[Following his appearance as French scientist and UFO-researcher Claude Lacombe in Close Encounters of the Third Kind, François Truffaut, more famous for his work behind the camera on his own films (though Spielberg cast him because he loved the way Truffaut had acted alongside children in L’enfant sauvage ), received this letter from his friend, the great director Jean Renoir.]
7 March 1978
We have finally seen Close Encounters. It is a very good film, and I regret it was not made in France. This type of popular science would be most appropriate for the compatriots of Jules Verne and Méliès. Both men were Montgolfier‘s rightful heirs. You are excellent in it, because you’re not quite real. There is more than a grain of eccentricity in this adventure. The author is a poet. In the South of France one would say he is a bit fada. He brings to mind the exact meaning of this word in Provence: the village fada is the one possessed by the fairies.
These fairies who reside with you have agreed to let themselves be briefly borrowed by the author of the film in question.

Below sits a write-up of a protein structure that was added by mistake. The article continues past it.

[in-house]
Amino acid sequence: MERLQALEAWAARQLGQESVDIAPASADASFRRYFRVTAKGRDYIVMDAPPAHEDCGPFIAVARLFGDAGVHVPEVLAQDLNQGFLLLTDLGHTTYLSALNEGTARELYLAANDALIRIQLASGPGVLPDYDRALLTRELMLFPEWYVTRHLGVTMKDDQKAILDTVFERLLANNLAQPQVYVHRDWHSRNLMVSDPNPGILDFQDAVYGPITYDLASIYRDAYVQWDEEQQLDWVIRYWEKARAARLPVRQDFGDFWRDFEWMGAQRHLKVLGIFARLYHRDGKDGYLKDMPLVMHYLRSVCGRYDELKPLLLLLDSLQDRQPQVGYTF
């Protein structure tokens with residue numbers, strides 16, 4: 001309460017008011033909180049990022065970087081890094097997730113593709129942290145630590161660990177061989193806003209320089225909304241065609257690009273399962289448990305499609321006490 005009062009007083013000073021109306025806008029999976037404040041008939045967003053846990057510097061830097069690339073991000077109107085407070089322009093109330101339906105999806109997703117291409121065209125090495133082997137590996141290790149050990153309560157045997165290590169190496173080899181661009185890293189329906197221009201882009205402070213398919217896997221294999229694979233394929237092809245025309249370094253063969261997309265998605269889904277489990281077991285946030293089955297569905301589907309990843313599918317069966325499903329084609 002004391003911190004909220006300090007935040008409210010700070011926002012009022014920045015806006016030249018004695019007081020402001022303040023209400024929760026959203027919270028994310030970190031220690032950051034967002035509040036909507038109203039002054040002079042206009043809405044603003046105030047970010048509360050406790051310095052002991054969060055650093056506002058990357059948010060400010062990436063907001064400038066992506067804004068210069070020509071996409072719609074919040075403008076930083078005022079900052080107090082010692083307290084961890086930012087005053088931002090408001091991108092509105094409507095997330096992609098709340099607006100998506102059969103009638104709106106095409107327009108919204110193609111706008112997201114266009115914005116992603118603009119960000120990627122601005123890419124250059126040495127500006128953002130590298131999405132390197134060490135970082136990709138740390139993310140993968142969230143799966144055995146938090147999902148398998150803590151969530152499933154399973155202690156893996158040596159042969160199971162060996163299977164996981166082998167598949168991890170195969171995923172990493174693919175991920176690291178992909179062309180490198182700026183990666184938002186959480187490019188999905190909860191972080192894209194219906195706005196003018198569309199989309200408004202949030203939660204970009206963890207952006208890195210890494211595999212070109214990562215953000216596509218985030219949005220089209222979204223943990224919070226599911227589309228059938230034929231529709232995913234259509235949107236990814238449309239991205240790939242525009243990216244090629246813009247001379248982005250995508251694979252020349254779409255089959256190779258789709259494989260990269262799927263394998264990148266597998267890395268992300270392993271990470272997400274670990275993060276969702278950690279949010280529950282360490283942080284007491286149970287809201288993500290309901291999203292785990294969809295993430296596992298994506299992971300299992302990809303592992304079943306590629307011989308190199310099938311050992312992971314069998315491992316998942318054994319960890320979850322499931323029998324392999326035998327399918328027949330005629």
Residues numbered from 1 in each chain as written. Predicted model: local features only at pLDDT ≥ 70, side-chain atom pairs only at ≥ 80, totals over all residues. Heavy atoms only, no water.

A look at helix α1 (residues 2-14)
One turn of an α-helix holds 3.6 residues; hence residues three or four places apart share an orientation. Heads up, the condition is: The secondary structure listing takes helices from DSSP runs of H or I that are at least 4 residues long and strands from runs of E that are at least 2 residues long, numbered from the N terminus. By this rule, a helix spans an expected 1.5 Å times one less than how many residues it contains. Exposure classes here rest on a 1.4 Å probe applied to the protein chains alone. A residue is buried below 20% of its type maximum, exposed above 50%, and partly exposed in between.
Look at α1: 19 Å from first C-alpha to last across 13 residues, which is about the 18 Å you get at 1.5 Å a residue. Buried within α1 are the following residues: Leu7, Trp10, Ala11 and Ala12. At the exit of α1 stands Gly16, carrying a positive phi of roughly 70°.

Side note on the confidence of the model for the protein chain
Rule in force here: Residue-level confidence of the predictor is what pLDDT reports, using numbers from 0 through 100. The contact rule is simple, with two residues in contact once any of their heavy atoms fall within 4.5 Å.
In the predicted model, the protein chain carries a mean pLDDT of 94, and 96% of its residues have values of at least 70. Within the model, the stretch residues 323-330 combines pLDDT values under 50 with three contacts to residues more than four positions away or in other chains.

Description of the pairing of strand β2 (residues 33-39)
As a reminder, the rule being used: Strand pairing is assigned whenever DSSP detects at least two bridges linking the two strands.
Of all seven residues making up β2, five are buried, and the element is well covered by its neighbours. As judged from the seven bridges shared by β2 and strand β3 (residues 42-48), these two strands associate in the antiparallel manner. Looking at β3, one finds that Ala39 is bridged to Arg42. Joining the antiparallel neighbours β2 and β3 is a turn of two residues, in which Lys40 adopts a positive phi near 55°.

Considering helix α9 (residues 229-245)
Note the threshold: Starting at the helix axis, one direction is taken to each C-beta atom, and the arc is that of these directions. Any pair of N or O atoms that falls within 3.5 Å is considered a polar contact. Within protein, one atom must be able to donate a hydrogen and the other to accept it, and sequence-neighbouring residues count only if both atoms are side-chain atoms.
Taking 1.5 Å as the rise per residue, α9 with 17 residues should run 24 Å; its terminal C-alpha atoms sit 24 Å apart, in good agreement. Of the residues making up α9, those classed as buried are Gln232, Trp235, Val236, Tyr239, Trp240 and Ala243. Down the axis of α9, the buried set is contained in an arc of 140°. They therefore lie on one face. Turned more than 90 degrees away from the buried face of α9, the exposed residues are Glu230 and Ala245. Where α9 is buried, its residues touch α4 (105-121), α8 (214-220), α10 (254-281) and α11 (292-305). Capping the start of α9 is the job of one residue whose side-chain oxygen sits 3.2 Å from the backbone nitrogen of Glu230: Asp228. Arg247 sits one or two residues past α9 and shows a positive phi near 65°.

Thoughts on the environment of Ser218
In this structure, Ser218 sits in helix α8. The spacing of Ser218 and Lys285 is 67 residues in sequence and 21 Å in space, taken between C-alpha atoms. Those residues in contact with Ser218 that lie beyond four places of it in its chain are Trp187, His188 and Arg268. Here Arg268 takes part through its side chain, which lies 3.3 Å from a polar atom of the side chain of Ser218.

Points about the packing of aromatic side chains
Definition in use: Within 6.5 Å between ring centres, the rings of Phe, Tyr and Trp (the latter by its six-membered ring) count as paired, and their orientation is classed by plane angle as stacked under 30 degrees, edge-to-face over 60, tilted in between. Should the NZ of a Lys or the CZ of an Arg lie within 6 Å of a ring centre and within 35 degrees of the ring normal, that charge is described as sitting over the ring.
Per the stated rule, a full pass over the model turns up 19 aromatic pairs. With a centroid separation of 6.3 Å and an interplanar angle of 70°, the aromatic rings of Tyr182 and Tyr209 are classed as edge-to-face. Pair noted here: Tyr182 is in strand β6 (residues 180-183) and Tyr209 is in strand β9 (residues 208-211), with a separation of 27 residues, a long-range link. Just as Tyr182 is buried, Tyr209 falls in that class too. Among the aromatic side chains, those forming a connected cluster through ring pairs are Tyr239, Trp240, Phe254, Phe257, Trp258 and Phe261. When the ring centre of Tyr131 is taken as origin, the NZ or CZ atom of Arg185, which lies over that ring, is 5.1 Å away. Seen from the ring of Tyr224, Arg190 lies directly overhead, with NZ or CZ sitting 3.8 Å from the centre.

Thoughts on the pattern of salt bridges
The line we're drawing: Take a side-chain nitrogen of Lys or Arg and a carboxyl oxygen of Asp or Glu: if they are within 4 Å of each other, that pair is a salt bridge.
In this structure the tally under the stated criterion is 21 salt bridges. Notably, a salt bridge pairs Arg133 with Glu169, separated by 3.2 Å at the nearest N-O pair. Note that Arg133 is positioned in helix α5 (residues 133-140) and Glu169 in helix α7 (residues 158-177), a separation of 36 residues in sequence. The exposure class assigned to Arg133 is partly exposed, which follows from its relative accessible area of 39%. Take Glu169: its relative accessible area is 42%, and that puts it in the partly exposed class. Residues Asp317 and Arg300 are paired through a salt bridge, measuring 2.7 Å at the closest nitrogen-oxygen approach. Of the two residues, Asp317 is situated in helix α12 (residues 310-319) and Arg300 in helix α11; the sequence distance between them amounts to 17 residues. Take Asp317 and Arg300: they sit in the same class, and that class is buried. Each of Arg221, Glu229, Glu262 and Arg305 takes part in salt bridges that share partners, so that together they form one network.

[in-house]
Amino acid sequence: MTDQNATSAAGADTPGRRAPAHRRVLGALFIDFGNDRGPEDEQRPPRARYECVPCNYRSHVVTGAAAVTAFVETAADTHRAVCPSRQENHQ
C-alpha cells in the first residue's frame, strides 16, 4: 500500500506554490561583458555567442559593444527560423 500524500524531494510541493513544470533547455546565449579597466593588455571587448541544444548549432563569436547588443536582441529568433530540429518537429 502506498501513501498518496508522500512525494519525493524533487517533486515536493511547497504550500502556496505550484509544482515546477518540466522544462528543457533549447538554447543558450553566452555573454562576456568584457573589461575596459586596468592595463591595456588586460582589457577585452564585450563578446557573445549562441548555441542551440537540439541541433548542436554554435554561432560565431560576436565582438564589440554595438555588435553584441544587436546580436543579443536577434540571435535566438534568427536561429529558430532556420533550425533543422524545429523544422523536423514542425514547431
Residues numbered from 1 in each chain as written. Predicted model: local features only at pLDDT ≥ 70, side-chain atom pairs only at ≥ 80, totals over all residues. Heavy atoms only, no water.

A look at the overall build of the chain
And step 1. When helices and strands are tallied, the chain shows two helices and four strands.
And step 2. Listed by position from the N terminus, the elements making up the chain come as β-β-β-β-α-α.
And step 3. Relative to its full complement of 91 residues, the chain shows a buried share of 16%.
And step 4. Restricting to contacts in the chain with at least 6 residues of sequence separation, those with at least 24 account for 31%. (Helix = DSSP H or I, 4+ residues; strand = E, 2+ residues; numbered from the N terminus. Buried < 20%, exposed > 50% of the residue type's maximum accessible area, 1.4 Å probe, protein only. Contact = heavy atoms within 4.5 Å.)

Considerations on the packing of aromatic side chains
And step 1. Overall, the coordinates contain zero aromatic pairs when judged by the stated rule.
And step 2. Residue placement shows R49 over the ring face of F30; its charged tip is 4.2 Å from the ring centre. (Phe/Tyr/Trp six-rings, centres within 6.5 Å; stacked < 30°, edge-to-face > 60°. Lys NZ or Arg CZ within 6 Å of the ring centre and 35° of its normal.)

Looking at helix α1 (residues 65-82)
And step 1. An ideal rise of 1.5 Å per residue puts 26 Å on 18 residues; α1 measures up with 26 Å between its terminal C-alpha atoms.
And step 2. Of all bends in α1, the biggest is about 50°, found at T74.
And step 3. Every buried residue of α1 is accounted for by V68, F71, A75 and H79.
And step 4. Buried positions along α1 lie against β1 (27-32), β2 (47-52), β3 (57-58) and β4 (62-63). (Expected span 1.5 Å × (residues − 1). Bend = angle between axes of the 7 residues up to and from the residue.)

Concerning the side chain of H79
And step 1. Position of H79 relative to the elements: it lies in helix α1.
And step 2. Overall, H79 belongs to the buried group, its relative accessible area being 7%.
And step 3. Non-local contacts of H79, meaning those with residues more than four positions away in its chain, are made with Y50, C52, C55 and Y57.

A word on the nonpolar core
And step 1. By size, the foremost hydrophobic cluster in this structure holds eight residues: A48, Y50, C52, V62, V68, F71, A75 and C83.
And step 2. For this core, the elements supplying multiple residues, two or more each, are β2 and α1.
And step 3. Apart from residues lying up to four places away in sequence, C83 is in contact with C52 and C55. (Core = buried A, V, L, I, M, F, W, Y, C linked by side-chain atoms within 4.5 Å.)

Love from Dido and I.
[Source: Jean Renoir: Letters, edited by David Thompson & Lorraine LoBianco. London: Faber & Faber, 1994. Dido Freire was Renoir’s second wife, from 1944 until his death in 1979.]
Postscript: While Renoir’s letter was on its way to France, Truffaut’s own letter, written the same day, must have been in the post to Renoir in Beverly Hills. Here’s an extract:
My dear friends,
I appeared on a television show about Close Encounters of the Third Kind, and the last thing I spoke about was Le Coeur à l’aise [Renoir’s 1978 memoir], showing the book itself on camera. In my enthusiasm, however, I didn’t notice that I was holding the book upside down, so millions of viewers had to bend over and look at the TV screen upside-down to be able to read the title. I don’t have to tell you that my daughters were on the floor laughing about this.
I think of you constantly and send you all my love and affection.